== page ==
Technical Paper

Model to Predict Hydraulic Pump Requirements for an Off-Road Vehicle

This paper describes and discusses a computer model that can be used to predict the hydraulic pump requirements of an excavator necessary to meet the specified productivity levels for a given set of design conditions. The model predicts the hydraulic cylinder flow rates, pressures, and power necessary to sustain a given work cycle. The study compares the results from a simulation of the excavator with actual test data obtained from a test vehicle taken during a typical work cycle.
Technical Paper

A Computer Simulation of Backhoe Type Excavators

This paper describes the simulation model of a backhoe excavator. The model uses a prescribed motion cycle and the objective of the program is to determine the power requirements for each of the cylinders as well as the total engine power requirement. Most computer simulations are developed by expressing the differential equations of motion for the system being studied. The known force inputs to the system are applied and the time response of the system is then obtained by numerically integrating the governing differential equations. This paper on the other hand develops the reverse of this. Utilizing a prescribed geometry and trajectory cycle for a linkage system as the input, the program solves for the types of force inputs that are required to achieve that trajectory. With the time dependence of the trajectory known, the total power required and the power required of each cylinder is also evaluated. A typical excavator linkage is shown in Fig. 1.
Technical Paper

An Enhanced Computer-Based Process Simulation Model for the Cylinder Boring Process

This paper discusses an advanced computer-based process simulation model to predict cutting forces and surface error (also referred to as the lack of cylindricity) for the cylinder boring process. The model takes into consideration several enhanced features including dual and multiple-cylinder boring, back-boring, boring in the presence of windows/cavities, etc.. The model makes use of a Finite Element product model and the cutting force process model to generate a surface error profile at any axial level in the cylinder bore. A design of experiment approach is employed to study the influence of various process variables on bore surface error. The enhanced process simulation model may be used as a valuable tool in enhancing the simultaneous engineering of products and manufacturing processes.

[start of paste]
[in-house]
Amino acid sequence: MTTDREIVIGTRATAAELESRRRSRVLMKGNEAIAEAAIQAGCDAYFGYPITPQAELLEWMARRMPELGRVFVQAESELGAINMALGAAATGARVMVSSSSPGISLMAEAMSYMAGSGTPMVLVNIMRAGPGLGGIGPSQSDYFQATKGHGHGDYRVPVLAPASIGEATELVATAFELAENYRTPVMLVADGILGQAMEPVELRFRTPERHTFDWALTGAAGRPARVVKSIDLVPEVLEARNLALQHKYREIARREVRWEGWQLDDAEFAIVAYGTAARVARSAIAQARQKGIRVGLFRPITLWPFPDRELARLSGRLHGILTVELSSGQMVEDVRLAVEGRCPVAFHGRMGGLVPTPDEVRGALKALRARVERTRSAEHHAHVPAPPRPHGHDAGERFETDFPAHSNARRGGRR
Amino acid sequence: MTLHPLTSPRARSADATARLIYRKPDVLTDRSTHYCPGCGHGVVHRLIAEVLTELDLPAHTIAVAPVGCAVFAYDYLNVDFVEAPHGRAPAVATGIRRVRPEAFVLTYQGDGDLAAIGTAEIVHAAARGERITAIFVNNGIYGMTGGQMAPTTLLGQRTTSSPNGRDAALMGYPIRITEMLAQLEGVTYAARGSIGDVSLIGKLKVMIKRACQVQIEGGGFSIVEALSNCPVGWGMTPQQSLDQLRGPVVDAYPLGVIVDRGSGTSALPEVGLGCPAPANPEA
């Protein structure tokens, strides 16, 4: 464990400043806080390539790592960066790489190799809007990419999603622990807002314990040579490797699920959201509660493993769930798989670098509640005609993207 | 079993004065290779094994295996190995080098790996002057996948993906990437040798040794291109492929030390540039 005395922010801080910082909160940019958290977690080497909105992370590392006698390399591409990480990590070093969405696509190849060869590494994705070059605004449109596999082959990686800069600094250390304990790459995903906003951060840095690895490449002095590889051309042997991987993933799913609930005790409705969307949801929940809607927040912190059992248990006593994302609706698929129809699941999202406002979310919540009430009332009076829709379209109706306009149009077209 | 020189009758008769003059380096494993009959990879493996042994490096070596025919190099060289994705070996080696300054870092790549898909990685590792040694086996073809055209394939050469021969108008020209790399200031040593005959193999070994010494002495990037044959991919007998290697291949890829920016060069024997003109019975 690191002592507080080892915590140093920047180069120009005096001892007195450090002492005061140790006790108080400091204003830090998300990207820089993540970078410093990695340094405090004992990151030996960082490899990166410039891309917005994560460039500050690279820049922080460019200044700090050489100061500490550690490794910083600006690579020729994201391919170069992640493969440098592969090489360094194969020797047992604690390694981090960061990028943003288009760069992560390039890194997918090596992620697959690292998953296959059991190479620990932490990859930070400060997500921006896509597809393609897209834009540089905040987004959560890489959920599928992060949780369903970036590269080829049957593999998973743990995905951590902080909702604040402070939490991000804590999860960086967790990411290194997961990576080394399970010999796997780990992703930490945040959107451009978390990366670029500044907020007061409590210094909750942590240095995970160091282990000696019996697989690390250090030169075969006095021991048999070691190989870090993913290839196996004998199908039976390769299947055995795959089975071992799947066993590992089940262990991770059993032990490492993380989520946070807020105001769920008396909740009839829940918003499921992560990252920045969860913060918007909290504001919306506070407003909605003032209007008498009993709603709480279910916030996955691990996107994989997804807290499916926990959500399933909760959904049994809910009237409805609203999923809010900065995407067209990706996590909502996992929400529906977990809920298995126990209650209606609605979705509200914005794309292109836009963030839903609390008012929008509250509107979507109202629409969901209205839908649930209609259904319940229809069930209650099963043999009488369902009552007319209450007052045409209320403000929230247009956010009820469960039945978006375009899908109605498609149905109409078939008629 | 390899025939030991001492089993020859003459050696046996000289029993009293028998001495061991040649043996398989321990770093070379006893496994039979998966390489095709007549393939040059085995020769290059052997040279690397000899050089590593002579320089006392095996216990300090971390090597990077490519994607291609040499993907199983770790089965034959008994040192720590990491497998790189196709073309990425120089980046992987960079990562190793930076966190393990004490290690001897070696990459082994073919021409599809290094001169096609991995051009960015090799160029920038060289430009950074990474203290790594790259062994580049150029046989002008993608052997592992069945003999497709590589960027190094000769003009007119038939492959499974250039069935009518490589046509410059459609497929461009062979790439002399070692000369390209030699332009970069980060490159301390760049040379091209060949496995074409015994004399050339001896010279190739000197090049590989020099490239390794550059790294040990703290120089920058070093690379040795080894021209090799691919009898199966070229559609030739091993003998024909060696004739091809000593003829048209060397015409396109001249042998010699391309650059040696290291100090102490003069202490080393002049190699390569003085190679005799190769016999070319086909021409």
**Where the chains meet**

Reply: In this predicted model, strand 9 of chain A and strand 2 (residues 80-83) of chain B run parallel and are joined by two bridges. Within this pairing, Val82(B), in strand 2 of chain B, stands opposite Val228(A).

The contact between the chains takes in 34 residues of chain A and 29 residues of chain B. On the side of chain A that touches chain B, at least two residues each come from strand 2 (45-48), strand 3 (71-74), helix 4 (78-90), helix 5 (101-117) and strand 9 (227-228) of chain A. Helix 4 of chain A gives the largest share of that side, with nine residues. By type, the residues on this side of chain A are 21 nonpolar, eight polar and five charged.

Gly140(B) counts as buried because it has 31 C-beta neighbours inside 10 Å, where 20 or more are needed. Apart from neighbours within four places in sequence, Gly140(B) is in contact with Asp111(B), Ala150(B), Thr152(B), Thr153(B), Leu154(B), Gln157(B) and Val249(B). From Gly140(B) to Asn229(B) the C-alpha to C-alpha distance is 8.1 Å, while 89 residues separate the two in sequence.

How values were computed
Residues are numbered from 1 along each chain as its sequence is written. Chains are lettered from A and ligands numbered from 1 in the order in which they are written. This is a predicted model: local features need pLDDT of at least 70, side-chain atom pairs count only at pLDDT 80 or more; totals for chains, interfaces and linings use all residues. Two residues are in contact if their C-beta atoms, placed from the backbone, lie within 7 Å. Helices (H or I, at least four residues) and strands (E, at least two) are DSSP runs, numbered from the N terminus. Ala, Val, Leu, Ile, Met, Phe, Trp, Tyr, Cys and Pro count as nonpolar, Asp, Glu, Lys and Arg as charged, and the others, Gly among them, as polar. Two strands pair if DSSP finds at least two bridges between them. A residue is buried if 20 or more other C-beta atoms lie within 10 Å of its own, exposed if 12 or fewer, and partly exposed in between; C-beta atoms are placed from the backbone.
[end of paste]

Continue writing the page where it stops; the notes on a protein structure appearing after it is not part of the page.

Technical Paper

Combustion Chamber Temperature and Instantaneous Local Heat Flux Measurements in a Spark Ignition Engine

Cylinder head combustion chamber and piston temperatures and heat fluxes were measured in a 2.2 L 4 cylinder spark ignition engine. Measurements for the combustion chamber were made at wide open throttle conditions, 1400 rpm to 5000 rpm at 600 rpm increments, additional measurements were made on the combustion chamber at part throttle conditions at 3200 RPM. Piston temperature and heat flux measurements were made at WOT conditions from 1400 to 3200 RPM in 600 RPM increments. Average combustion chamber surface temperatures ranged from 130 deg. C to 248 deg. C, while peak combustion chamber surface temperatures ranged from 142 deg. C to 258 deg. C for WOT conditions. Peak heat flus at the surface for WOT conditions in the combustion chamber ranged from 1.2 MW/m2to 5.0 MW/m2. Central region heat fluxes were 2.3 to 2.8 times greater than those in the end gas regions of the combustion chamber.
Technical Paper

The In-Situ Measurement of the Thermal Diffusivity of Combustion Chamber Deposits in Spark Ignition Engines

Combustion chamber deposits in spark ignition engines act as thermal insulators and can lead to octane requirement increase. The thermal properties of deposits are not well documented, the reported thermal diffusivity values vary by two orders of magnitude. Two thermal property measurement techniques were compared, the flash and steady illumination laser methods. The steady laser method was more suitable for deposit property measurement. A comparison was made of the thermal properties of deposits grown with a base fuel with the thermal properties of deposits grown with the base fuel doped with reformer bottoms. For the clean fuel the thermal diffusivity ranged from 3.5 to 3.9-7 m2/s, at various locations around the combustion chamber. For the fuel doped with reformer bottoms the thermal diffusivity ranged from 1.1 to 1.9-7 m2/s at different locations within the combustion chamber.
Technical Paper

Dynamic Stability of a Cotton Picker During its Unloading Cycle